5. The Learned Banqueters by Athenaeus, translated by S. Douglas Olson – Harvard University Press’s Loeb Classical Series can often be a dreary, text-mired business, seemingly more concerned with the correct placement of commas than with the eternal worth of the texts they deal with. But Olson’s new translation of Athenaeus’ sprawling second century catch-all (songs, poems, digressions, crackpot theories, home remedies, you name it) is a startling, delightful exception. Here is a multi-volume Athenaeus that instantly restores the author to his rightful place as a first-rate classic; here is the first real version of Athenaeus in English, the version generations of future scholars will happily use as their starting-point. Olson’s Introduction might be a trifle on the slipshod side, but his translation of Athenaeus is one long, sustained marvel to behold.
4. Little Brother by Cory Doctorow – Equal parts boys adventure story and passably profound meditation on what it means to grow up (at whatever age you choose to do so), Doctorow’s story of a near-future in which power-drunk government agencies mess with the wrong kid is like nothing else published this year, or this last handful of years. The sui generis nature of the work is reflected in much more than the fact that you don’t have to pay to read it (it’s available online for free, with the author’s enthusiastic encouragement); even the usual sugary teen-fiction bromides about individuality and the value of knowledge are given some much-deserved tweaking, and the book’s main character is vividly, sneeringly unforgettable (and, for those of you who care about such things, it sports the damn coolest cover of any book, good or bad, in 2008).
3. Shenandoah 1862 by Peter Cozzens – For a 150 years, Stonewall Jackson has been an unimpeachable avatar of the romantic South many Southerners badly want to believe really once existed: a courtly man, a God-fearing man, and a military genius of stunning capacity, able to inspire and maneuver his compact army in the hills and hollows of the Shenandoah Valley to such a degree that it could hold at bay not one but three much larger Union armies. In a meticulously researched and miraculously suspenseful narrative, Cozzens hammers away at that romance, giving us instead a pigheaded, weirdly unfocused Jackson who did everything he possibly could to thwart his own great good luck. In addition to being great debunking fun, this is the best volume on any aspect of Civil War history in quite a few years.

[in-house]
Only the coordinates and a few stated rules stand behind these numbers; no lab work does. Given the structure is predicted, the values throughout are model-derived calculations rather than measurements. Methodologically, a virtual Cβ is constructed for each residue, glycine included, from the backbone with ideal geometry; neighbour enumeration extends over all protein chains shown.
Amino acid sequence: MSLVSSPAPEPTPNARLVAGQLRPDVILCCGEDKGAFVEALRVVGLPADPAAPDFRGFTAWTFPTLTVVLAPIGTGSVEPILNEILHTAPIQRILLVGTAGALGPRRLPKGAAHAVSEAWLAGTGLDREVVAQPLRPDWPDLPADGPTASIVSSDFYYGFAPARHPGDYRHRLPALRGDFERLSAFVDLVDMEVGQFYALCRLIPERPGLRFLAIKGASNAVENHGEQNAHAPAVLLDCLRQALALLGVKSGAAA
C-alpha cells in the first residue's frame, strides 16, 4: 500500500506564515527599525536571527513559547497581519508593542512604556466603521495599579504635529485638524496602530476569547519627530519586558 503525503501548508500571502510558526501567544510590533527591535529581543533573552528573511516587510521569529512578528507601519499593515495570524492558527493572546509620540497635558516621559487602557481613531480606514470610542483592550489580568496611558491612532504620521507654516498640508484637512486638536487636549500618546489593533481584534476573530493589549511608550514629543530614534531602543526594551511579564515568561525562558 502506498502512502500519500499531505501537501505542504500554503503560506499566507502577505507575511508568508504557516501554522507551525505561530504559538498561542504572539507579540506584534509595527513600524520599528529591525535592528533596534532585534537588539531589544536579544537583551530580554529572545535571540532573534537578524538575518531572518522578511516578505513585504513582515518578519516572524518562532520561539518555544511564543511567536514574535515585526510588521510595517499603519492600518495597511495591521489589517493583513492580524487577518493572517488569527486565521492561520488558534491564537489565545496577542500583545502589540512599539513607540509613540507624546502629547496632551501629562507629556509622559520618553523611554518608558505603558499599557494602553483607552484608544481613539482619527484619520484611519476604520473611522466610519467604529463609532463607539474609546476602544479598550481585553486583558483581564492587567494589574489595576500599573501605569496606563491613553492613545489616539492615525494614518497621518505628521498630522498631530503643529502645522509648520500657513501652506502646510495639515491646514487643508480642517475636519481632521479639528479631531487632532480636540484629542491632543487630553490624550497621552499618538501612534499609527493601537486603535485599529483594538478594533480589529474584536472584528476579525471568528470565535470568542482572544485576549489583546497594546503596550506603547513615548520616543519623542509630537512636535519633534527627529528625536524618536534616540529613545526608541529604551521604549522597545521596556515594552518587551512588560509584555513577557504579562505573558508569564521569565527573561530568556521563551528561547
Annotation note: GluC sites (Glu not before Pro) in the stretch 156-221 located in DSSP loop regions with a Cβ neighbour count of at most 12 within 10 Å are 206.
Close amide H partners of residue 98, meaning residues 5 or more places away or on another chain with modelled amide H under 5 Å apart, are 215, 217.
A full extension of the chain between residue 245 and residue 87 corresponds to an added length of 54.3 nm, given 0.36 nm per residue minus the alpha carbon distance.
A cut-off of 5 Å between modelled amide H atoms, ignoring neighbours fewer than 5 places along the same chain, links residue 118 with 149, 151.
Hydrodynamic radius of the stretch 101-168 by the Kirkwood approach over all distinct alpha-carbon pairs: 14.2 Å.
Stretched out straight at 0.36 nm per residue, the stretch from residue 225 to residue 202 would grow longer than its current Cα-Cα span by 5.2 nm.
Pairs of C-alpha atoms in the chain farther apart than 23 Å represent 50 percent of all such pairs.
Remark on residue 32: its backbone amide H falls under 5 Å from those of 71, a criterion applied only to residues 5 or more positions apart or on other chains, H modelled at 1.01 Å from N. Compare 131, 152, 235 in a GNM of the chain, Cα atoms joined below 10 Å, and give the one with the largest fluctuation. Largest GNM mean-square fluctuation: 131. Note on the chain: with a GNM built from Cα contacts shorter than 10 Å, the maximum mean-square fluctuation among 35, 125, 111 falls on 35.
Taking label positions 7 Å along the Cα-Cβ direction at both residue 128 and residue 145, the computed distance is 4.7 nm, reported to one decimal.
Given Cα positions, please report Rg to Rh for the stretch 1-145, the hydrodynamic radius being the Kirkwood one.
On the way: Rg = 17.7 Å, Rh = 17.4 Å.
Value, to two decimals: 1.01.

2. A Mercy by Toni Morrison – Another big surprise for me, that any novel by Morrison would ever make it onto a list such as this from me, but Morrison’s latest, a slim, poetic novella set in a pre-Revolutionary America populated by all races of people in all kinds of slavery, struck me as almost infinitely more successful than all of her other novels combined. In the past, I’ve found her heavy-handed and tiresomely operatic; here, she’s whittled her prose into blade-edges of perfect precision and beauty.
1. Animal Life by the American Museum of Natural History, edited by Charlotte Uhlenbroek – This gorgeously-produced (DK, naturally) compendium of the entirety of animal life on Earth is so much more than the ‘coffee table book’ it at first appears. Here are not only eye-poppingly incredible photos but also gorgeous graphics and layouts, engaging and transparent prose, and most of all the bewildering variety of the natural world, offered in all its profusion and detail. Uhlenbroek and the team at the American Museum have wrought a marvel, nothing less than the perfect, all-encompassing guidebook to life on Earth. It’s the best DK production in that company’s distinguished history, the best Natural History production in 150 years (if we don’t count Theodore Roosevelt), and, certainly, the best book of 2008.